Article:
Environment exec opposes ECC for Pangasinan black sand mines | Inquirer News

Environment exec opposes ECC for Pangasinan black sand mines

/ 12:04 AM March 13, 2014

LINGAYEN, Philippines—A company extracting magnetite (black sand) from a coastal area here, where a government-sponsored golf course is proposed to rise, would not be allowed to process an environmental clearance for a mineral processing facility, an Environmental Management Bureau (EMB) official said on Wednesday.

Joel Salvador, EMB Ilocos regional director, said he advised Environment Secretary Ramon Paje to deny the application of Xypher Builders for an environmental compliance certificate (ECC) because it neglected to secure that document when it operated a plant and loading facilities, and before it transported black sand to a private pier in Sual town.

Xypher Builders was contracted by the Pangasinan provincial government to develop its ecotourism site. It applied for an ECC on Feb. 7. Salvador said an inspection by the EMB on Feb. 14 showed an old stockpile of black sand within the plant’s premises, although equipment in the processing facility were corroding.


Salvador said they found approximately 1,000 metric tons of magnetite inside a private port in Sual, which were held there while the company processed its permits.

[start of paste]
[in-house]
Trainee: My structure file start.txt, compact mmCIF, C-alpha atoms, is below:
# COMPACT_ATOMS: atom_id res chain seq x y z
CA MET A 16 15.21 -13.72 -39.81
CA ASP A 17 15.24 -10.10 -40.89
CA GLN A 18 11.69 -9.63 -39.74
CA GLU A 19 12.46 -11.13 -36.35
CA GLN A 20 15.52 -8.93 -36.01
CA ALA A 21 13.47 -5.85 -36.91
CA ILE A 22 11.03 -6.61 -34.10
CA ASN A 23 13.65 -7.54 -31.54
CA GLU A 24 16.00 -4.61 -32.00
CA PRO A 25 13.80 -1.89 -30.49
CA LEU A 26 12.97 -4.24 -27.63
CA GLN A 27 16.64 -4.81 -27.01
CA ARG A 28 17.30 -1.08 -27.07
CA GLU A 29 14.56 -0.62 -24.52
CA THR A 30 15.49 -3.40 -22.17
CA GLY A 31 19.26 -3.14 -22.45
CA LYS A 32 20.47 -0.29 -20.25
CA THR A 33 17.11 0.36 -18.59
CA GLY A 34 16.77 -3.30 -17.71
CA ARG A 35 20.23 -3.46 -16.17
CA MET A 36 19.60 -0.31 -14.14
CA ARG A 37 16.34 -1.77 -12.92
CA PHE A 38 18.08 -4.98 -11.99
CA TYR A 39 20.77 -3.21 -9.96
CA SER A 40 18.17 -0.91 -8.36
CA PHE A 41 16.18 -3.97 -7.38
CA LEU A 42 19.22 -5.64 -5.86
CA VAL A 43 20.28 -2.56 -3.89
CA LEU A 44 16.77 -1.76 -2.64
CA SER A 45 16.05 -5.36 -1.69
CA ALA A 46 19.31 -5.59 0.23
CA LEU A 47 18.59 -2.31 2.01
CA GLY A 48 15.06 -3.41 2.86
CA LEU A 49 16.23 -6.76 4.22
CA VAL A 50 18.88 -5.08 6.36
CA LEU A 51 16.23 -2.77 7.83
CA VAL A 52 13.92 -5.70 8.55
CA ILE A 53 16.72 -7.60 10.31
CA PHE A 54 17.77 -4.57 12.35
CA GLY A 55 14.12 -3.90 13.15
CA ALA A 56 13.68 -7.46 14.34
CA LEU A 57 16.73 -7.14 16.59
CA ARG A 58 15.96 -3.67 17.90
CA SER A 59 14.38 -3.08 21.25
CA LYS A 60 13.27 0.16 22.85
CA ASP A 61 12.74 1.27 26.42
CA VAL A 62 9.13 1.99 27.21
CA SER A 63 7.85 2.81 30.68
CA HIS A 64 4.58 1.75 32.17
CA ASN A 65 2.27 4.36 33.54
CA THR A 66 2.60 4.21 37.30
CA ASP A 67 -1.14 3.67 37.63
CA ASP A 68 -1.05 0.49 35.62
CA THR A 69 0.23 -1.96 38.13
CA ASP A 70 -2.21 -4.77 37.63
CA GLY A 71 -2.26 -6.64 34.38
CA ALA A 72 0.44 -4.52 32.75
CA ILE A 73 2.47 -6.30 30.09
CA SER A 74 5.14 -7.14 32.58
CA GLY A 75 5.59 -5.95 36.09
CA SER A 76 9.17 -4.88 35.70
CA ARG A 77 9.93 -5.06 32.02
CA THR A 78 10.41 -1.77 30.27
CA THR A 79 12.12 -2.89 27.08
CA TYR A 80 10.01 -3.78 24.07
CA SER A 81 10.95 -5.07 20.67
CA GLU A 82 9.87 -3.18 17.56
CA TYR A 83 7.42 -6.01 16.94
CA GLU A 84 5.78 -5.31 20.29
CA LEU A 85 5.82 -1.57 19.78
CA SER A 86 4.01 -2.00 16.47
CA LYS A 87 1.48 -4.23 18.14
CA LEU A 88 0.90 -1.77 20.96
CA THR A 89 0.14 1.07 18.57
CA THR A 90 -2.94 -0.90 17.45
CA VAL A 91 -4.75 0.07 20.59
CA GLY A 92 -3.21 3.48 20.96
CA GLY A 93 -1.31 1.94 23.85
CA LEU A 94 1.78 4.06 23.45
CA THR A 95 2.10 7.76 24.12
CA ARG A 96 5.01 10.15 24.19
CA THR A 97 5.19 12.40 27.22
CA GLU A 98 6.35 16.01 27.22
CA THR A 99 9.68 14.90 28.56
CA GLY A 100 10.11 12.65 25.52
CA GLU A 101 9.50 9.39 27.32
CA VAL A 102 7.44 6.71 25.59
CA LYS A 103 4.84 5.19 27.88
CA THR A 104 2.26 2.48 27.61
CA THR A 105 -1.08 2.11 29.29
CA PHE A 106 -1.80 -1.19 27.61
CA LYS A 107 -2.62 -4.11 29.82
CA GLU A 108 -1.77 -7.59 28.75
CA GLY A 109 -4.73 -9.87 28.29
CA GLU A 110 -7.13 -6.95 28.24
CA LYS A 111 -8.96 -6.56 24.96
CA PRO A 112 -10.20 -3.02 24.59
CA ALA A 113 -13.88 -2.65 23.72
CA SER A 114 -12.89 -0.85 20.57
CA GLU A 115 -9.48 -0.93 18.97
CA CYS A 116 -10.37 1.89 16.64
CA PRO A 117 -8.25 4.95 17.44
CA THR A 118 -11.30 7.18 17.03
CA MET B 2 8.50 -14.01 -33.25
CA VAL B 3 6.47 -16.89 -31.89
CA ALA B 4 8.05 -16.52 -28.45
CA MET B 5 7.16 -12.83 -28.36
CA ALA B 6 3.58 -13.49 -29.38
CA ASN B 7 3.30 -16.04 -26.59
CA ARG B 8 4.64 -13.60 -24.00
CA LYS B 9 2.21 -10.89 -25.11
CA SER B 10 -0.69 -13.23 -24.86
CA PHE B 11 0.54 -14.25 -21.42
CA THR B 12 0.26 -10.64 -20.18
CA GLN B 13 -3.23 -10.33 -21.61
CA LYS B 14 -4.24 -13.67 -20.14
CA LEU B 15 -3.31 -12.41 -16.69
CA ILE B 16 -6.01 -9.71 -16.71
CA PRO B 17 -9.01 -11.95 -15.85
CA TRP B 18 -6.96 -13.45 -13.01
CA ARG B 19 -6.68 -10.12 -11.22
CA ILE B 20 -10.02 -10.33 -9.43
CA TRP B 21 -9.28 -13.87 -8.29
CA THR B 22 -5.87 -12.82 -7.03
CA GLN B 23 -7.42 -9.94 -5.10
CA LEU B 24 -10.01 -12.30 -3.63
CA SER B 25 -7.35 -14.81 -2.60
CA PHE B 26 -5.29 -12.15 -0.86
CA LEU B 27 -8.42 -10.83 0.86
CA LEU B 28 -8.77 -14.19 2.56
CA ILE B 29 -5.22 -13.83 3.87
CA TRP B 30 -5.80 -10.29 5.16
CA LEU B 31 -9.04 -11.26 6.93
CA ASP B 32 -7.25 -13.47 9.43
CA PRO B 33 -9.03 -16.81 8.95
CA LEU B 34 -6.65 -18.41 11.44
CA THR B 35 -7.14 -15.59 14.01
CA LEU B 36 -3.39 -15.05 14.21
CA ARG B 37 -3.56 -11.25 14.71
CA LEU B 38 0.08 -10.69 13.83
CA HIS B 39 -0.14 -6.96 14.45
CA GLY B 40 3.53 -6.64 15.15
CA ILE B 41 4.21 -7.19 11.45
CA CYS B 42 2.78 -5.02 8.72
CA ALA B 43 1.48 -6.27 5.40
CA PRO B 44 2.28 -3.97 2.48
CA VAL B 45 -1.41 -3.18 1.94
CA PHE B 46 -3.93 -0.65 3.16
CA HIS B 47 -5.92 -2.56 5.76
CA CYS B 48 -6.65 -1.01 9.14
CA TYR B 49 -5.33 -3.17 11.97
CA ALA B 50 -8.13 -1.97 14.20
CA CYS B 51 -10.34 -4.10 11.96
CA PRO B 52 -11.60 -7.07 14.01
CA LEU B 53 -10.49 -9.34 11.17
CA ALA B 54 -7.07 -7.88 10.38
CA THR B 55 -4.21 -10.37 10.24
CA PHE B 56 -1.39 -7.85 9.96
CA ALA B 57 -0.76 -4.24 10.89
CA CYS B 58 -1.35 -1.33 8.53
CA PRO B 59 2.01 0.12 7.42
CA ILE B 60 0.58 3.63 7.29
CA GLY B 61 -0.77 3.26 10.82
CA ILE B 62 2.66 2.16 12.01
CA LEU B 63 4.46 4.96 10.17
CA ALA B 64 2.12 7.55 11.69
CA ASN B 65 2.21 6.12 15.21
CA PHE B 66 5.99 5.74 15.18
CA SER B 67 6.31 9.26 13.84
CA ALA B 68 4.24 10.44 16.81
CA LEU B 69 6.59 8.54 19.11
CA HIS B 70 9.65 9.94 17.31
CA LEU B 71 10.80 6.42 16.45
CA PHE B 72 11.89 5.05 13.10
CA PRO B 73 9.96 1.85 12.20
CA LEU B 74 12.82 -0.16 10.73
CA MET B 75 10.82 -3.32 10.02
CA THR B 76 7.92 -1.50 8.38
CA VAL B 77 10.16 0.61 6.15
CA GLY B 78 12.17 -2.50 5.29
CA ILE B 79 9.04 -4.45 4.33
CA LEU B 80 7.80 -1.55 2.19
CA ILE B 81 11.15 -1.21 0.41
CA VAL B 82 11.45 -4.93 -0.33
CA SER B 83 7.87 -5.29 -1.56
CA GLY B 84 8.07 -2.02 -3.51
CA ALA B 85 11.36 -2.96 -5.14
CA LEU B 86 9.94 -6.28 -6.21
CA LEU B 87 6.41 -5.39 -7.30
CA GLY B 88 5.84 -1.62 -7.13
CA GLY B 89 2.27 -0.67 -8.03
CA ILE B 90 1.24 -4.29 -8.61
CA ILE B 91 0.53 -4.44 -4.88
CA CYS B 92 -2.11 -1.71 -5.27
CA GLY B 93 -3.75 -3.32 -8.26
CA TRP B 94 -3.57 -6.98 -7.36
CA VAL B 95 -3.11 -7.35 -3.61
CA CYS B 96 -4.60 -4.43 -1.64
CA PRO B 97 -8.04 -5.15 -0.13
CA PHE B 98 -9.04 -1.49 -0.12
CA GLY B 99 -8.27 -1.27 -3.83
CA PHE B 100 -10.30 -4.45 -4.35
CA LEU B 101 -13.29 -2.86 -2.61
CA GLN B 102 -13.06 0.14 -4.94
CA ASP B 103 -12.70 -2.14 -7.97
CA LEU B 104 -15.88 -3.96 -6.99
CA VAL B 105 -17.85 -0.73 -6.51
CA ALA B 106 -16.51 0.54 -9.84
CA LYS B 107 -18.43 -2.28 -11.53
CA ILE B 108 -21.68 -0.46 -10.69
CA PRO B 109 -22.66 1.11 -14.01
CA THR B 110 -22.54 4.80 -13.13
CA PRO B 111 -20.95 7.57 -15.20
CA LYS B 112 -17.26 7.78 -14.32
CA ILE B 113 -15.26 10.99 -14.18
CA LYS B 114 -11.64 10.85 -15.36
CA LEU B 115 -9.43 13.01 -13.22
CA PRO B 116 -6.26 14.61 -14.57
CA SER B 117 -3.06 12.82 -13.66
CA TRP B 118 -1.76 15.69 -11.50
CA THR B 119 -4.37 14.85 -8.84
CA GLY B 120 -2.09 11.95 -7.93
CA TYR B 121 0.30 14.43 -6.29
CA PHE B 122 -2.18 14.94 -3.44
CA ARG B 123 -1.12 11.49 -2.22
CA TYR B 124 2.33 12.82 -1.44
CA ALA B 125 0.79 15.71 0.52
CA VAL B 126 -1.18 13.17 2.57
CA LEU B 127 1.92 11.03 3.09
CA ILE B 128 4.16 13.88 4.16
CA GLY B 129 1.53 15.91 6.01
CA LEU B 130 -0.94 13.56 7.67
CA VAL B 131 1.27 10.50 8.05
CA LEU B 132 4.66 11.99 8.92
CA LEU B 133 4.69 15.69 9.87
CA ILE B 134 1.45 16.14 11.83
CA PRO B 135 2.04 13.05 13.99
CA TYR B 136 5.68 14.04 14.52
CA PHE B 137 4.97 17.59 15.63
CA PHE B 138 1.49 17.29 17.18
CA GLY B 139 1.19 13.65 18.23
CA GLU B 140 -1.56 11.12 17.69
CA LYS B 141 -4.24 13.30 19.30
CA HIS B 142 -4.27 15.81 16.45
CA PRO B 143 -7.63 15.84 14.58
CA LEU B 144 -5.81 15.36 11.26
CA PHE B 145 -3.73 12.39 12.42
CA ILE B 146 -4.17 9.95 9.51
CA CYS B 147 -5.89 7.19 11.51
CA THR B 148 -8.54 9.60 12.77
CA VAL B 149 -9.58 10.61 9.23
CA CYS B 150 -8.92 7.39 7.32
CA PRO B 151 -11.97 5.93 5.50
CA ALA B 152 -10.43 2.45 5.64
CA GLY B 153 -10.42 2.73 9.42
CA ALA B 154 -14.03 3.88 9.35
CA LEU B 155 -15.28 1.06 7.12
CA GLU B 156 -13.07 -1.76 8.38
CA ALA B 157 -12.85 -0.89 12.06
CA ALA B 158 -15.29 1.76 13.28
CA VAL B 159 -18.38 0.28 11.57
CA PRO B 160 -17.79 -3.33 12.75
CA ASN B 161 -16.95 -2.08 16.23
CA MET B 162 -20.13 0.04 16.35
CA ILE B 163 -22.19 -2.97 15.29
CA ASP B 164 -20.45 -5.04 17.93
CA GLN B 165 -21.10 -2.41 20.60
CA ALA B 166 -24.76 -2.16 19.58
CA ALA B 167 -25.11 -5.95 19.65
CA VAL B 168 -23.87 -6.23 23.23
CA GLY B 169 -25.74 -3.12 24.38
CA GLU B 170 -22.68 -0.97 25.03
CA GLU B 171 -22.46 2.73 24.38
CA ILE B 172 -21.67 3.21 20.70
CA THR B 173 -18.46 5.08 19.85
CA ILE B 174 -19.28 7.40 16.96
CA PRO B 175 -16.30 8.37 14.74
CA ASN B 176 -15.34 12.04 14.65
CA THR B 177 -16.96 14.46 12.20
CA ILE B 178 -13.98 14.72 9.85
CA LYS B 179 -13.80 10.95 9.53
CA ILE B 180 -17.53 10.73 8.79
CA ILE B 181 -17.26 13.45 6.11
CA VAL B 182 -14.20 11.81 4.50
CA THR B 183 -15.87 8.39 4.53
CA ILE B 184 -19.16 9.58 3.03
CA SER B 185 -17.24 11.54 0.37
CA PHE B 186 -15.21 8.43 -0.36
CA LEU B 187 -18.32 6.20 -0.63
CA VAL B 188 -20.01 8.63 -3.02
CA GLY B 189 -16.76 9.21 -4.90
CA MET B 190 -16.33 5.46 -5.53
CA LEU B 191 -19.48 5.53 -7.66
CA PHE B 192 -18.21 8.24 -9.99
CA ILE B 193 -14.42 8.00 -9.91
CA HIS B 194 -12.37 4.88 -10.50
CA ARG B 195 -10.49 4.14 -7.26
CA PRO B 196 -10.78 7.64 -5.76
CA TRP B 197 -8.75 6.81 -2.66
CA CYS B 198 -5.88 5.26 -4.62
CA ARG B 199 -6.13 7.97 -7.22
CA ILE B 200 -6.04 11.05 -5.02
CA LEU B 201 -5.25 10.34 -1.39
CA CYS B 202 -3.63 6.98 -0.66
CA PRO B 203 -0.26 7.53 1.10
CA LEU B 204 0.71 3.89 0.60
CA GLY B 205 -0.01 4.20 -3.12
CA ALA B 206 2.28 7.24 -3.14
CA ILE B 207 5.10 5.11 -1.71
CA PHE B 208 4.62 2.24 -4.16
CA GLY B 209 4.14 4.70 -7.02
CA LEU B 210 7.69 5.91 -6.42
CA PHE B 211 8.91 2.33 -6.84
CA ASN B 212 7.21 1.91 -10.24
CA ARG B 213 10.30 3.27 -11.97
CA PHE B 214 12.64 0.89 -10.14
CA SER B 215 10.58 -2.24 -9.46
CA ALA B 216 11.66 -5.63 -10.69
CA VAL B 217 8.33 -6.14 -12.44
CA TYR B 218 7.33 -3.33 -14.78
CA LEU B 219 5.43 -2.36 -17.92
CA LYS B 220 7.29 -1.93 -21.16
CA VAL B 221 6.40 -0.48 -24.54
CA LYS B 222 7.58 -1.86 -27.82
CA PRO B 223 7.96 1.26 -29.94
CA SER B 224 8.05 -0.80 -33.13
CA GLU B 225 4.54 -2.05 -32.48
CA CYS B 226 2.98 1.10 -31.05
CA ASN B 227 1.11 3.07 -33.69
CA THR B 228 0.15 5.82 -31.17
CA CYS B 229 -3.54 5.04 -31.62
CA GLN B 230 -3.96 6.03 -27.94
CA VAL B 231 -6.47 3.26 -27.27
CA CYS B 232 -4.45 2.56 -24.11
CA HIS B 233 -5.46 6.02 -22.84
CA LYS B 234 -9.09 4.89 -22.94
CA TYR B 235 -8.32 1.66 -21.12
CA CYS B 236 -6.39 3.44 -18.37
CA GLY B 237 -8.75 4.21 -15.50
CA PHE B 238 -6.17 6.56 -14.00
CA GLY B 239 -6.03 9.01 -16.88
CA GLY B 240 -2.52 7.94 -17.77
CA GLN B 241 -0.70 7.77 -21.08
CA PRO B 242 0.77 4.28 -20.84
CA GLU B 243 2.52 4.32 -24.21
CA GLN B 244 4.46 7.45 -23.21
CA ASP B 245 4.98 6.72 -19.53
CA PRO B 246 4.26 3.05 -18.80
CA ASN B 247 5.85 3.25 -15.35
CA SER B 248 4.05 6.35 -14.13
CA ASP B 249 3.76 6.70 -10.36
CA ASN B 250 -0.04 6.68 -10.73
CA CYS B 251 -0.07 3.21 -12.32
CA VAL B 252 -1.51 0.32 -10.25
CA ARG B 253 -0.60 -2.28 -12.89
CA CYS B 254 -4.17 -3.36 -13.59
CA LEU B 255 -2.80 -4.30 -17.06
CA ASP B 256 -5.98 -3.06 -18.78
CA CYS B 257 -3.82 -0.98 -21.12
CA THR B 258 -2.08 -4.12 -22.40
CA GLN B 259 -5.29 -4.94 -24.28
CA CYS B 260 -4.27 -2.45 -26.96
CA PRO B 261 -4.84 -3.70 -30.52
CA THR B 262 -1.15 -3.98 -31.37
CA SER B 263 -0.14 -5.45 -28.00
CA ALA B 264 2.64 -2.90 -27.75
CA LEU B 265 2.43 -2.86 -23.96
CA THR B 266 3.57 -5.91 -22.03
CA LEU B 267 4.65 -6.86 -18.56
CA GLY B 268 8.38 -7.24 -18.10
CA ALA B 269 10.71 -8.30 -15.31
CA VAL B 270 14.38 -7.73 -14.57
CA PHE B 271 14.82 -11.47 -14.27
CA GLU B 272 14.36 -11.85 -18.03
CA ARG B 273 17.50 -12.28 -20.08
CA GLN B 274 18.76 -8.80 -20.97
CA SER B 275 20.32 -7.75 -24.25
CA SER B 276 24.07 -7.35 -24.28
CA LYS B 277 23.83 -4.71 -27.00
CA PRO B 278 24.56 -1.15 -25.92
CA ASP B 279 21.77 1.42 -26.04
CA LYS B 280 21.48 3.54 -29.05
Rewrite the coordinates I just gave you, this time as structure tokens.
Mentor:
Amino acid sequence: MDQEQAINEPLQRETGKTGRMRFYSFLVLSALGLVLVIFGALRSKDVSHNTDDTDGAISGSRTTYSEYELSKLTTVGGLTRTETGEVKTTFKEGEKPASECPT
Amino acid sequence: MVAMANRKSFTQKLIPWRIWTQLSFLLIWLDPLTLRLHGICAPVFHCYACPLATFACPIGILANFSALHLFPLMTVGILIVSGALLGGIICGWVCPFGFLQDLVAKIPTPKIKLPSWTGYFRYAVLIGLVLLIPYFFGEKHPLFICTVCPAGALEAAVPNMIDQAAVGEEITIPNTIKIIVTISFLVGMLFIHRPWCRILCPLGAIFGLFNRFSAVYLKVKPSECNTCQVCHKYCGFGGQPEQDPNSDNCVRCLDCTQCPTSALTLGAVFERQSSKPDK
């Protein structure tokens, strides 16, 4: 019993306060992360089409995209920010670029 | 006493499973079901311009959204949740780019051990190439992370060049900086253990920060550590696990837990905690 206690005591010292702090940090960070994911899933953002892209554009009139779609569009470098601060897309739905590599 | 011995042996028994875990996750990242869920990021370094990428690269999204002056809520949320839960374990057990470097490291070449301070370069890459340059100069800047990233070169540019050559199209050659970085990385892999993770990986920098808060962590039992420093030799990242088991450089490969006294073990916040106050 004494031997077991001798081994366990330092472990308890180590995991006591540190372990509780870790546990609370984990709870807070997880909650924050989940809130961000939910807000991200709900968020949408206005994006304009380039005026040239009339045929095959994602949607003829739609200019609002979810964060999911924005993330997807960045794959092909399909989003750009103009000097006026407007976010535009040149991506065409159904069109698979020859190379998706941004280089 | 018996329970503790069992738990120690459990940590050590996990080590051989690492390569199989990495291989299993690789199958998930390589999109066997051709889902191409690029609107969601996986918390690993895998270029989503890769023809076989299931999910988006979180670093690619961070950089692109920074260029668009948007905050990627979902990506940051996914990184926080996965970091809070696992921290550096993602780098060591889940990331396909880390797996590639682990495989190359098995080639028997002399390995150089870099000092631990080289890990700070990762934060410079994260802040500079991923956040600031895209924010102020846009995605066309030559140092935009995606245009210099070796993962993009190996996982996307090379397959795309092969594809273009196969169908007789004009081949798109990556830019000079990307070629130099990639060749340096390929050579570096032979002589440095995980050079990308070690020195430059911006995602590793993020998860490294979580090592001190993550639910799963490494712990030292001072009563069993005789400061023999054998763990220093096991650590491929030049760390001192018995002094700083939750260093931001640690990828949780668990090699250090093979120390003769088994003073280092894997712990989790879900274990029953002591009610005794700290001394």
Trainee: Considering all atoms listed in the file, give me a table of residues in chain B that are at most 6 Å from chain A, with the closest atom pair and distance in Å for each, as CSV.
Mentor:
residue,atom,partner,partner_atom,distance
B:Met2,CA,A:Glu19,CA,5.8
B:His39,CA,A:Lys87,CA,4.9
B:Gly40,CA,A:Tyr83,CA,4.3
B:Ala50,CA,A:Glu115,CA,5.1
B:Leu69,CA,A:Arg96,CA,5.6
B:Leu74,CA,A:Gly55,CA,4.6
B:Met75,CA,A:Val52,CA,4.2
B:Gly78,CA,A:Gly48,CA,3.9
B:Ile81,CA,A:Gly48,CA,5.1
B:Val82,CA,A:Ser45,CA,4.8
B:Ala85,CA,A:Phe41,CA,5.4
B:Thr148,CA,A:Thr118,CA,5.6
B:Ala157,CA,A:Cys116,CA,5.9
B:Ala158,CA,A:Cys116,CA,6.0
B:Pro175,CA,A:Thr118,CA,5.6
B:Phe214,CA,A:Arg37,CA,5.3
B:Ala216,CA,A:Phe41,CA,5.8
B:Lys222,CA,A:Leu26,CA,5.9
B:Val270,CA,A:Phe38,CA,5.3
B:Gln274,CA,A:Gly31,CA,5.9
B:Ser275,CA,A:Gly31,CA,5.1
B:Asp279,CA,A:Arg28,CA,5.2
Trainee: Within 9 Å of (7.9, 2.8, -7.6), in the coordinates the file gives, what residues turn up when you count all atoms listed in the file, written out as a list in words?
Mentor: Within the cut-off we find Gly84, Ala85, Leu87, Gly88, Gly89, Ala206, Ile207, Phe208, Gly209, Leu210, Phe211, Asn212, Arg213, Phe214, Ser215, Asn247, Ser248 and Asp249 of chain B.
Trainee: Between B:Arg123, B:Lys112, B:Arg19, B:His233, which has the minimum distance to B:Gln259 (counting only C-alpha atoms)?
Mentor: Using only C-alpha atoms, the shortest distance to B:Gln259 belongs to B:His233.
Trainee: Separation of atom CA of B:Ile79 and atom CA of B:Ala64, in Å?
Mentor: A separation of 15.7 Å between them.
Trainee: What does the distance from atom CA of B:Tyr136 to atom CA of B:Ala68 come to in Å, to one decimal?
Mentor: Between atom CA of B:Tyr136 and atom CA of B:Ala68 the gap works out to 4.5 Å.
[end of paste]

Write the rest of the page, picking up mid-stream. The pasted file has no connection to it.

Salvador said black sand had been hauled as far back as August 2012.

The agency had stopped the proposed golf course and the mineral extraction and processing project because of the absence of ECC.

The golf course project was able to acquire an ECC, but not the mineral processing operations.

During a Wednesday news conference here, Pangasinan officials denied reports that black sand mining continued in four coastal villages of Lingayen town.

The officials, however, admitted that black sand extraction took place in the past.

Alvin Bigay, provincial housing and urban development coordinating officer, said the extraction of black sand had been stopped and a large canvas now covers a stockpile of magnetite.


Carlos Tayag, Ilocos regional director of the Mines and Geosciences Bureau, said black sand was being removed from an ecotourism area, not for profit, but to cleanse it of minerals that would prevent the growth there of ornamental plants.

Ruben Soriano, an MGB mining engineer, said he inspected the site and found no sign of extraction of black sand.

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A local group, called Aromas, had filed plunder complaints against top Pangasinan officials for allowing black sand to be extracted from the golf course project without securing permits. Yolanda Sotelo, Inquirer Northern Luzon

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